Why is putting the female ⚢ sign in front of baker gives incorrect answer?? Why do they put it in the choices in the first place!!
You add an -in suffix for feminine versions? A doctor is Arzt but an earlier sentence also said Arztin (or something similar) was a word for doctor...
In English in the old days we used to differentiate male baker - baker - from female baker - baxter (which now survives only as a surname). There used to be a good many of these, but most of these distinct forms have disappeared - who says "poetess" any more?- although "actress" does seem to be holding on.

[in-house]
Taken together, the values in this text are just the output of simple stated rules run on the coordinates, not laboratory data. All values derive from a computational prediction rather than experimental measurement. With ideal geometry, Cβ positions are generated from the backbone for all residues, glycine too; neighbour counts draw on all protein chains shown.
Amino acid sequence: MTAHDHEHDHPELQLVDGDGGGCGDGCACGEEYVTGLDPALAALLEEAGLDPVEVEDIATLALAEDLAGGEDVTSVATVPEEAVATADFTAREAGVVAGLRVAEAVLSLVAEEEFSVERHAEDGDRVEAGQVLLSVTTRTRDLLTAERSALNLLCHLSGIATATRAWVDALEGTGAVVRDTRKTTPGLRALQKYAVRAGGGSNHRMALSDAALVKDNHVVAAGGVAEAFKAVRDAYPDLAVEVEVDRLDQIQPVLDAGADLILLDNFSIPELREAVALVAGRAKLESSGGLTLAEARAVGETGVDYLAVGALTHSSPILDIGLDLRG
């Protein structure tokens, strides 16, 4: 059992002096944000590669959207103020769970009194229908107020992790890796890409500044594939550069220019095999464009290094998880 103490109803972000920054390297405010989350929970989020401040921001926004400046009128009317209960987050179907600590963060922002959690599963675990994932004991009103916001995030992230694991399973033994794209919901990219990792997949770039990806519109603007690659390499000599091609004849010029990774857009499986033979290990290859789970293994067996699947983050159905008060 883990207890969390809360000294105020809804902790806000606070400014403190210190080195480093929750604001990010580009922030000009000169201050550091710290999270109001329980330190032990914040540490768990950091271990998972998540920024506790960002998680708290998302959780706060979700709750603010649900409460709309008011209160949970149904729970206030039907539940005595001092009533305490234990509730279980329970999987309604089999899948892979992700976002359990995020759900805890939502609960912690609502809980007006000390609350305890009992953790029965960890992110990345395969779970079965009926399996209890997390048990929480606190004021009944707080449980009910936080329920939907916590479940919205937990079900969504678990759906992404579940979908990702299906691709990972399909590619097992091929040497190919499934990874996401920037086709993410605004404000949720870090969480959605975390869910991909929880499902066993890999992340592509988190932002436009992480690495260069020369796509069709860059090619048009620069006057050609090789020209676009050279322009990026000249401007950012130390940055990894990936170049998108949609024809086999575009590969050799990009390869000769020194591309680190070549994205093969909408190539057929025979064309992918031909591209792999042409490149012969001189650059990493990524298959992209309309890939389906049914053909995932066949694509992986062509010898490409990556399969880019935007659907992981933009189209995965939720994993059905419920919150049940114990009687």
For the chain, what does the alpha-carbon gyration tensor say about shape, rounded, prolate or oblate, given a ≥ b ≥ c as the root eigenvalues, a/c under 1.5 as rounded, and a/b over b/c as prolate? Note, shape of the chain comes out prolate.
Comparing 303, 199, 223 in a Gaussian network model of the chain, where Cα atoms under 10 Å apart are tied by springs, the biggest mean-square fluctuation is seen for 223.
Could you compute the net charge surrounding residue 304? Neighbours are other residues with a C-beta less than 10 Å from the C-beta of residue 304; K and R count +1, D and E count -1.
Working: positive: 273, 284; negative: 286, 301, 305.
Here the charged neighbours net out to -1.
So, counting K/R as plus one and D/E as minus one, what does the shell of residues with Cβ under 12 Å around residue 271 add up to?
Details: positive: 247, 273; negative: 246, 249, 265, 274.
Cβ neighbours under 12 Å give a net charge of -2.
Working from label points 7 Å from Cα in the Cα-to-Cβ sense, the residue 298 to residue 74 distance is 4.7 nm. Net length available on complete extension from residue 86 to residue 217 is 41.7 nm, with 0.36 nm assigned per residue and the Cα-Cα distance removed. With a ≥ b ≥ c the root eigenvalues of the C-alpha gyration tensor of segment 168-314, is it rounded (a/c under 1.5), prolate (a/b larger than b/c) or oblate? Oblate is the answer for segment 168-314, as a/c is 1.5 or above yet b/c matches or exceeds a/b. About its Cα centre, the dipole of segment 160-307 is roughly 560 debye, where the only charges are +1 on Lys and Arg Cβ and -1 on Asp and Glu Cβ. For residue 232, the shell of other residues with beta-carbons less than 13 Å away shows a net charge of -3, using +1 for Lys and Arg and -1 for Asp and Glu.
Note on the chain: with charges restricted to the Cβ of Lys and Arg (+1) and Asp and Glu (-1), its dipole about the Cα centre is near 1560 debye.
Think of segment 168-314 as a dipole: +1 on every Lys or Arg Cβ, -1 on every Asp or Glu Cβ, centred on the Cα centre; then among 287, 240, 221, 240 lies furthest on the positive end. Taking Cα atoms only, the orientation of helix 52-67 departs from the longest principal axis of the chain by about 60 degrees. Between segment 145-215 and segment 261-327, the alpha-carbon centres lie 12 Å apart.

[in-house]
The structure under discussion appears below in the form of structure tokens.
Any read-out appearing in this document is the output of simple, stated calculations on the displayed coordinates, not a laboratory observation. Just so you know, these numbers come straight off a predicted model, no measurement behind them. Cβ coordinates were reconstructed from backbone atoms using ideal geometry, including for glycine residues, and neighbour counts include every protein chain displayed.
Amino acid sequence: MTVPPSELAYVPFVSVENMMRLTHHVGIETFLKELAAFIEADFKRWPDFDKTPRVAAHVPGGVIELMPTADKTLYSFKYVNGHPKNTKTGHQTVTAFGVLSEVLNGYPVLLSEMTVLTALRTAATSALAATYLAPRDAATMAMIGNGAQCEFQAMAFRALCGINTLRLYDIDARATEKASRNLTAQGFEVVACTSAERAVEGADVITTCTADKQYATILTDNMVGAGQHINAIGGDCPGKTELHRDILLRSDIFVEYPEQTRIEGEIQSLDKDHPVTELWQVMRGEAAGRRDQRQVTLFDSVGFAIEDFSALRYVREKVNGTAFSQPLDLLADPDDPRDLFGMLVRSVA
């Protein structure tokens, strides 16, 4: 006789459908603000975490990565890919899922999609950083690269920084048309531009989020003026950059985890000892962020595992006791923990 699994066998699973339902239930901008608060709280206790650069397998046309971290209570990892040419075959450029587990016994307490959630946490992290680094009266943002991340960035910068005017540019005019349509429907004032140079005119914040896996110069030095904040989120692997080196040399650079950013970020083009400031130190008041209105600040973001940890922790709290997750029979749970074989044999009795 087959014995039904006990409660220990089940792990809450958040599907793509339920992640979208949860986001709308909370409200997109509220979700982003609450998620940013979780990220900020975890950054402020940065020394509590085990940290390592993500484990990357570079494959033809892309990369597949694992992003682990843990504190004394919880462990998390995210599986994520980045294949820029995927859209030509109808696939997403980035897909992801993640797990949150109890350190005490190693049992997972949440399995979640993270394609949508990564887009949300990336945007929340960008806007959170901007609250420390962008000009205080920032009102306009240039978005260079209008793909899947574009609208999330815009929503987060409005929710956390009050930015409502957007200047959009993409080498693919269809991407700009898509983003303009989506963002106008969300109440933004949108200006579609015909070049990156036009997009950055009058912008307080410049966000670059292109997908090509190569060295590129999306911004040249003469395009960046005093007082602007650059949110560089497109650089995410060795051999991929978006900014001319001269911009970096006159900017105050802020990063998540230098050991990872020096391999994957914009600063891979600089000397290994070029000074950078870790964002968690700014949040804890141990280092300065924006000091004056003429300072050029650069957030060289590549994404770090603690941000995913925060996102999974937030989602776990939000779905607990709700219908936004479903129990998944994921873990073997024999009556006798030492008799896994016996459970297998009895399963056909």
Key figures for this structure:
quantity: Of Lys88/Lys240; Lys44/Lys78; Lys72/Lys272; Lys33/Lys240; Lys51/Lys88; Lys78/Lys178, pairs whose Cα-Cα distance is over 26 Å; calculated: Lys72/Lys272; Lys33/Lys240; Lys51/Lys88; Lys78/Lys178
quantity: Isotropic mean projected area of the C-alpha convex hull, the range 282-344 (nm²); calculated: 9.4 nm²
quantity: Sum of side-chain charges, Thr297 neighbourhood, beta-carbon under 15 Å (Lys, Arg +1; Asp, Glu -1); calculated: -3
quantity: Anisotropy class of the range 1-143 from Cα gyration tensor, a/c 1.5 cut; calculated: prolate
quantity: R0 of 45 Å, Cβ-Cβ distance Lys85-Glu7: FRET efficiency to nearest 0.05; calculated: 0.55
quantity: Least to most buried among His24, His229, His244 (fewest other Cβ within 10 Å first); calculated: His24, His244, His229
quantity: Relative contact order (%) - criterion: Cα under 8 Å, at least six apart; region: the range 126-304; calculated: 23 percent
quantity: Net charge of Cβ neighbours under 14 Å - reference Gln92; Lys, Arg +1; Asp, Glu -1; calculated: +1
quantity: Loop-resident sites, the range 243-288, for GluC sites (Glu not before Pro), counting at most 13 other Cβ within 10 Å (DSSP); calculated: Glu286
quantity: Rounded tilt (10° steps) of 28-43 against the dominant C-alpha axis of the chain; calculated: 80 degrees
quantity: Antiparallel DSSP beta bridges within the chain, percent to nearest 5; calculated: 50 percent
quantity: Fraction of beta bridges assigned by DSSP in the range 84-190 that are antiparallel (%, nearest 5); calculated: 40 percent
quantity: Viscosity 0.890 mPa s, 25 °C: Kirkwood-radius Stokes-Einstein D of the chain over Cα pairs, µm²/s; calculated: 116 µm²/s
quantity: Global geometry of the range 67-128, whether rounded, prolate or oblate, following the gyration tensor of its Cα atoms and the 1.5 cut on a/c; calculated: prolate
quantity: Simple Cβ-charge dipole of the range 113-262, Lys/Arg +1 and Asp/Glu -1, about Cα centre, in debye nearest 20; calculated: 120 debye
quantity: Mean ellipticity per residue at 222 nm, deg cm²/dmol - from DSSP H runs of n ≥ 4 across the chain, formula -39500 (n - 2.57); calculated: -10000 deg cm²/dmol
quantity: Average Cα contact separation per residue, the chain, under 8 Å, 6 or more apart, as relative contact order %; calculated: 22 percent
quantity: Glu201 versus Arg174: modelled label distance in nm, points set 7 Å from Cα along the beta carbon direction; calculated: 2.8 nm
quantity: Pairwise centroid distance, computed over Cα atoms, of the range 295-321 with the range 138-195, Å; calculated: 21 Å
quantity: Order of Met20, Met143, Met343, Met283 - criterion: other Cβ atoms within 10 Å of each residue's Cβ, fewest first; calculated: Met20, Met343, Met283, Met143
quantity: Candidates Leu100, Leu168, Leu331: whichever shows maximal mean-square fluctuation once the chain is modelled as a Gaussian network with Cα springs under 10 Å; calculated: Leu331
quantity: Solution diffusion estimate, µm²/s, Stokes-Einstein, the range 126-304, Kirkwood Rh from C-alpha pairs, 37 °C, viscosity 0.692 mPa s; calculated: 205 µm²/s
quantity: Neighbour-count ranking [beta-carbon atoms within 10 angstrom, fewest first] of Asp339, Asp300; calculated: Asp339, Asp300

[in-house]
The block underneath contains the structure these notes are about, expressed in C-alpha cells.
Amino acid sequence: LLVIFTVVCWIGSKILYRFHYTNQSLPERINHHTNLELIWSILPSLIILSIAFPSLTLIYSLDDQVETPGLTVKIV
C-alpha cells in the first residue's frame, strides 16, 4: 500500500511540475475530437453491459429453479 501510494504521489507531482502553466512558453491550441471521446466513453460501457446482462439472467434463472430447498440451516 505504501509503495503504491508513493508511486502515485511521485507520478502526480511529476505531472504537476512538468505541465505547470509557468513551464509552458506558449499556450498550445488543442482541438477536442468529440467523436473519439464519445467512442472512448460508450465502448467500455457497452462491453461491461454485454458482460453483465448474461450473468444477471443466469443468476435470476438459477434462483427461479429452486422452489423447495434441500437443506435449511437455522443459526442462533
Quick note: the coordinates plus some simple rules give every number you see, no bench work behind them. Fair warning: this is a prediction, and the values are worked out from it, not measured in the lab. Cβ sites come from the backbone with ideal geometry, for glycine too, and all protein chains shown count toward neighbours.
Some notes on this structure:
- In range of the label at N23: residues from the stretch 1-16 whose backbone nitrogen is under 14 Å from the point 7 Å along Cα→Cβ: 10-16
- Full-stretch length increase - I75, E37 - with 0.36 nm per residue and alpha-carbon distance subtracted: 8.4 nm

I believe actress was maintained because words that end in -er or -or are perceived as being inherently male. -ress is used as the counterpart to -er and -or. Whereas -ess is tacked on to words that don't otherwise have suffixes. Thus, the root word that receives -ess is interpreted as being gender neutral. This has resulted in -ess seeming unnecessary even to people who otherwise feel the need to point out when a professional is female. For example, my dad was born in the sixties and feels the need to say woman doctor. However, I highly doubt he's aware of -ess as a formerly common denotation of gender.